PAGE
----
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‘Mafia state’: How Venezuela became ‘worse than a narco state'

Thanks to oil, Venezuela was once the wealthiest country in the region — before becoming the continent’s poorest, ravaged by corruption and feckless economic policy. And amid the economic decline, high-ranking government officials became conspicuously wealthy. But how?

According to U.S. indictments, former government officials, and regional experts, officials linked to the Iran-backed militant group Hezbollah and members of Maduro’s government built a massive drug syndicate — while most of the country increasingly struggled to find food to eat, or medicine to care for the sick.

“Venezuela was a narco state several years ago, but it has become darker and more ominous,” Mike Vigil, former DEA Chief of International Operations, told Yahoo Finance (video above). “I consider it to be a mafia state. Because it's not only drug trafficking — it's financial crimes, it's money laundering, it's piracy, and all kinds of trafficking. So it has become worse than a narco state.”

Justice Minister Tareck El Aissami, center,walks among packs of cocaine displayed at a military base in Puerto Cabello Venezuela, Monday, July  27, 2009. (AP: Ariana Cubillos)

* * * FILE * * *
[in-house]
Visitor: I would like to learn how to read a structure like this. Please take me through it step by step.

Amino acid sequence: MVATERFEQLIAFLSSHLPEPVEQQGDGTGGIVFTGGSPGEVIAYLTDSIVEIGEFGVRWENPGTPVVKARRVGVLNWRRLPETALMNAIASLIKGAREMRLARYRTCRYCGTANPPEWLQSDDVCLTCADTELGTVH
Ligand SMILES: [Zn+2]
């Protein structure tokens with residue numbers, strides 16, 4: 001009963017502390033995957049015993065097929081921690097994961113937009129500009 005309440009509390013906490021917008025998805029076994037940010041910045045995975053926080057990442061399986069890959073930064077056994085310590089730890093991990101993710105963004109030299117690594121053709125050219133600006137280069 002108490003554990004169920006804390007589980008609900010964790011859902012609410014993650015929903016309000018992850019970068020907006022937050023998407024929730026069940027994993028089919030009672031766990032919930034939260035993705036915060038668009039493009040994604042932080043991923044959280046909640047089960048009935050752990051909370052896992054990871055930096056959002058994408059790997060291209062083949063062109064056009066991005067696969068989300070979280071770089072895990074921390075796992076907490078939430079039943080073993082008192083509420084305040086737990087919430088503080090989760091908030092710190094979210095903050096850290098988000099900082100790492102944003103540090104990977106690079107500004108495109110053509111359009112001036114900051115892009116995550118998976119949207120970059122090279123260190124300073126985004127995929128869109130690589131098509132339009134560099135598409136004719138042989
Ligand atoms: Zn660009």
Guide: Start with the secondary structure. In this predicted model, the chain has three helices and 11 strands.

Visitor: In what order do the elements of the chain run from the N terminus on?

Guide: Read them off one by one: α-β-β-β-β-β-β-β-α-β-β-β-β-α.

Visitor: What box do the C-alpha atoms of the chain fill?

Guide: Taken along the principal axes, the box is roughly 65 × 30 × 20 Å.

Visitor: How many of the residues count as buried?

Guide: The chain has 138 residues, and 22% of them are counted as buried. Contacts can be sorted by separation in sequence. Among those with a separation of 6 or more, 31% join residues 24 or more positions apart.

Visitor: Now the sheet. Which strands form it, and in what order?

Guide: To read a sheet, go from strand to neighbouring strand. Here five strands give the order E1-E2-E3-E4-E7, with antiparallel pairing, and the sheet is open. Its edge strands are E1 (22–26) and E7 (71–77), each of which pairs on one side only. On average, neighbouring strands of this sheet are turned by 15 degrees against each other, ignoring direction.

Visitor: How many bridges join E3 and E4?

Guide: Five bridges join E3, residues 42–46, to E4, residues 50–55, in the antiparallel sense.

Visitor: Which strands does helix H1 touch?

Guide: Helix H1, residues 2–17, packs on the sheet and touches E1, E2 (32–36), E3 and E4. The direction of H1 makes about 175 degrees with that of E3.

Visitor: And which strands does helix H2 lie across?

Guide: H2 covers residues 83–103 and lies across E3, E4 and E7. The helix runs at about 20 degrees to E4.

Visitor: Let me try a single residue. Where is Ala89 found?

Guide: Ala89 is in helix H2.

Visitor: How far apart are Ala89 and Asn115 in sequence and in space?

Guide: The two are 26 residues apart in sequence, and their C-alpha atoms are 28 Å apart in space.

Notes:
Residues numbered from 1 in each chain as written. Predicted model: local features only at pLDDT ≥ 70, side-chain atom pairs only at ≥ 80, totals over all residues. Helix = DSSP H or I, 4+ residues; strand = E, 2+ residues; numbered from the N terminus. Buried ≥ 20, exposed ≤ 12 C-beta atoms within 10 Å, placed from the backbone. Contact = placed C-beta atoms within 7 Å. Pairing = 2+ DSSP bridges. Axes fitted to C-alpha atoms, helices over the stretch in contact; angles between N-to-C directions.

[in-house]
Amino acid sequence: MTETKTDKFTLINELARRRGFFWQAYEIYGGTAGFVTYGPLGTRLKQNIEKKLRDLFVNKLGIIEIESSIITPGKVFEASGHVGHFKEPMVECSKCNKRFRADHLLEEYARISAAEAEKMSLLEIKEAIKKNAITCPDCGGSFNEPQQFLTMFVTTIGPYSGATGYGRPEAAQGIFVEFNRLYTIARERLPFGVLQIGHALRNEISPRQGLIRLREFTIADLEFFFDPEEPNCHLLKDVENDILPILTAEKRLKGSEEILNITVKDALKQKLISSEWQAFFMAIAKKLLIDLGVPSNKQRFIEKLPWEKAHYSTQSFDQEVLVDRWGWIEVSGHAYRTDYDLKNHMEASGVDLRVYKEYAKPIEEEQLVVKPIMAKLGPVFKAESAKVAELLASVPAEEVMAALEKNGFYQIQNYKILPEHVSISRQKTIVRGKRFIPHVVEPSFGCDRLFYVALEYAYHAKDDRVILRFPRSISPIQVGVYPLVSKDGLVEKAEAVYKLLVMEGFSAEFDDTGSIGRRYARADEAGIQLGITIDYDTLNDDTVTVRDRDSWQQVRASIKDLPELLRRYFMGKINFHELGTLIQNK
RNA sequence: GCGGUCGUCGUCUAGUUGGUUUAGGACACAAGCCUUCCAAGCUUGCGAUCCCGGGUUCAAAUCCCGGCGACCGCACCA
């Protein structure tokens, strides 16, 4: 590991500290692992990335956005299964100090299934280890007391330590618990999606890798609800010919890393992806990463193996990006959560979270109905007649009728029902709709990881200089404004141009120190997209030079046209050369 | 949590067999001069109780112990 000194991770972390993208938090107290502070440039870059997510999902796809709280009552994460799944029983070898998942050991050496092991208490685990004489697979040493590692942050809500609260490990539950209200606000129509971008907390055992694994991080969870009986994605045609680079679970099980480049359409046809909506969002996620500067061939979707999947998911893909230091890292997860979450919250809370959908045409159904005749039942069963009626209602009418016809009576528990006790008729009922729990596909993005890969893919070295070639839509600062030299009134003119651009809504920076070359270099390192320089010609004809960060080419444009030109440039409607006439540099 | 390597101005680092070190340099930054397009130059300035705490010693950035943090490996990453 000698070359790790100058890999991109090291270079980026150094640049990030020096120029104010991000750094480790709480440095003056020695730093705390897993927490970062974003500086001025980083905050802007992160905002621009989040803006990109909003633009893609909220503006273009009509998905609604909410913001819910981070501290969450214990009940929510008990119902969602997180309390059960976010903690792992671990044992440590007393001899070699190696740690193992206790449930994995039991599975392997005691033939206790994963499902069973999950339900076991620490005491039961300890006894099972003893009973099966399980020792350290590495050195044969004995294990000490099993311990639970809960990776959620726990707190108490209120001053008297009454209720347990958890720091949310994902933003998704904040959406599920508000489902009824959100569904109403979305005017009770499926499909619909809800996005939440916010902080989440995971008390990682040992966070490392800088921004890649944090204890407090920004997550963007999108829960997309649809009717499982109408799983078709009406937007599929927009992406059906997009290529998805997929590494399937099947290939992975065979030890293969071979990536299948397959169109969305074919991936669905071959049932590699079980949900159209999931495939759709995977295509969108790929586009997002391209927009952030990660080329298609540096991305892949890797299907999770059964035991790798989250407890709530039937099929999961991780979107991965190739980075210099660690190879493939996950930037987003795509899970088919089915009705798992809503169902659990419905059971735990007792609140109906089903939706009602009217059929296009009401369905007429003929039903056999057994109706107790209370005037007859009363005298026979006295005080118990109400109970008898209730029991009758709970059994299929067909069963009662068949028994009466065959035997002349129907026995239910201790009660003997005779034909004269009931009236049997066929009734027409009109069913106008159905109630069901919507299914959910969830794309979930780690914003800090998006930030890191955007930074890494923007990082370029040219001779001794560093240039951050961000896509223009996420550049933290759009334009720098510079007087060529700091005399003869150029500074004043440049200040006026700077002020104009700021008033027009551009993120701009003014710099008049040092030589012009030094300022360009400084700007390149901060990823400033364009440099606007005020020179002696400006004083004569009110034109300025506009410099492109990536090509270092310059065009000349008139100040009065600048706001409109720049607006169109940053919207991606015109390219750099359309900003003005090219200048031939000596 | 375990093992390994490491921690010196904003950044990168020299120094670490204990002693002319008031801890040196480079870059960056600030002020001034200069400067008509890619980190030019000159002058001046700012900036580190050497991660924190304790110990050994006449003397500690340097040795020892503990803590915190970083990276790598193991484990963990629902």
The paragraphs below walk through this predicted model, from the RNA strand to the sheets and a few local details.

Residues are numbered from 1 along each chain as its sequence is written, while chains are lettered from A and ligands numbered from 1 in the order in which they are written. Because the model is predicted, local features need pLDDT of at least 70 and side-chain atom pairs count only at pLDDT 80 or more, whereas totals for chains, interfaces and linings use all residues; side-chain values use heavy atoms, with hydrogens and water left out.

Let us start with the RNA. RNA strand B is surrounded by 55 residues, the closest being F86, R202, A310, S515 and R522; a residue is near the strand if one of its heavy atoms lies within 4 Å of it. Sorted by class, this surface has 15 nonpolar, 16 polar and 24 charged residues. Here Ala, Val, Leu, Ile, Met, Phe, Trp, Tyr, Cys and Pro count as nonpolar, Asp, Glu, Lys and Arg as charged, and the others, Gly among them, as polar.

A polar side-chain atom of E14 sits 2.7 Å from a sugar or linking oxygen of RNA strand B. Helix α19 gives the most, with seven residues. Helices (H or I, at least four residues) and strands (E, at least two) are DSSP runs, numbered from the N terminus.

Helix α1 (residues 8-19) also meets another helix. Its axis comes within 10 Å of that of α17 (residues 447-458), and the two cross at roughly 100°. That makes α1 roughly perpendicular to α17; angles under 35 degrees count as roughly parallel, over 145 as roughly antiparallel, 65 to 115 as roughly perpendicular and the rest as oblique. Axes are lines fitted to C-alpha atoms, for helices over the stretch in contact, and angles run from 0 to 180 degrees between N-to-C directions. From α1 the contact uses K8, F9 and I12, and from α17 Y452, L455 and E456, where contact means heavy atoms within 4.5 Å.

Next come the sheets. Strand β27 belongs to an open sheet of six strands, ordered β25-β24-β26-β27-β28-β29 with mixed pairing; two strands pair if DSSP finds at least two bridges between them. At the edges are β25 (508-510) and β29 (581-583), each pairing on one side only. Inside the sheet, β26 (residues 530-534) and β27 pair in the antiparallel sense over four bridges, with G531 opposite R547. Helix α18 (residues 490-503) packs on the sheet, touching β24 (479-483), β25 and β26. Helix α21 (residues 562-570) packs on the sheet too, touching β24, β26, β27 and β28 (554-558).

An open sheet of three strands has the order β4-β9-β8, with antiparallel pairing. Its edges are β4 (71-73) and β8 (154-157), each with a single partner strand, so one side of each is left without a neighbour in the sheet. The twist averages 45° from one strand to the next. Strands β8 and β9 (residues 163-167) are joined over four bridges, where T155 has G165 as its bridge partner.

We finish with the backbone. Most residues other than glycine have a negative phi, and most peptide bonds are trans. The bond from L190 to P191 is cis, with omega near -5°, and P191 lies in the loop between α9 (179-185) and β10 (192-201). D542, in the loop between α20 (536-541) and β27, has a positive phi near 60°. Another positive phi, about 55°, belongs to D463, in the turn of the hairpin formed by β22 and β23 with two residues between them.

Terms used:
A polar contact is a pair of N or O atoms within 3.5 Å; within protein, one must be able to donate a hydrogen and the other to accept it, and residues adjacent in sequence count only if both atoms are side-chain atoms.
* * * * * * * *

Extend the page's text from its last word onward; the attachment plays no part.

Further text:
Justice Minister Tareck El Aissami, center,walks among packs of cocaine displayed at a military base in Puerto Cabello Venezuela, Monday, July 27, 2009. (AP: Ariana Cubillos)

Sharing a porous border with Colombia, where more than 90% of cocaine going to the U.S. originates, Venezuela has served as the start of a drug highway straight to drug consumers around the world.

“Venezuela has become probably the cocaine capital of the world,” Center for a Secure Free Society Executive Director Joseph Humire, who has testified to Congress several times related to crime in Latin America, told Yahoo Finance. “Anything that moves not just to the United States, to Brazil and Argentina, or to Europe or to Africa, pretty much Venezuela is a transshipment hub for those cocaine trafficking. Every major cocaine trafficking cartel in the world has had a presence in Venezuela over the last 20 to 30 years.”

Operations for the massive undertaking are facilitated by corrupt members of Venezuela’s government and the heavy involvement of the transnational aspects of Hezbollah, according to experts.

Cocaine trafficking routes around the world being in Venezuela's neighborhood. (Source: UNODC, Yahoo Finance)
Cocaine trafficking routes around the world being in Venezuela's neighborhood. (Source: UNODC, Yahoo Finance)

Cartel of the Suns

Since the mid-90s, the Cartel of the Suns has been operating a drug trade inside Venezuela. Despite its name, the ‘Cartel de los Soles’ is no cartel in the traditional sense. Vigil describes the organization as a “loose federation of government officials and military officers in Venezuela.”

According to Vigil, they evolved into a criminal organization that moves “tons of cocaine” to Europe and the United States through the Caribbean, Central America, and Mexico.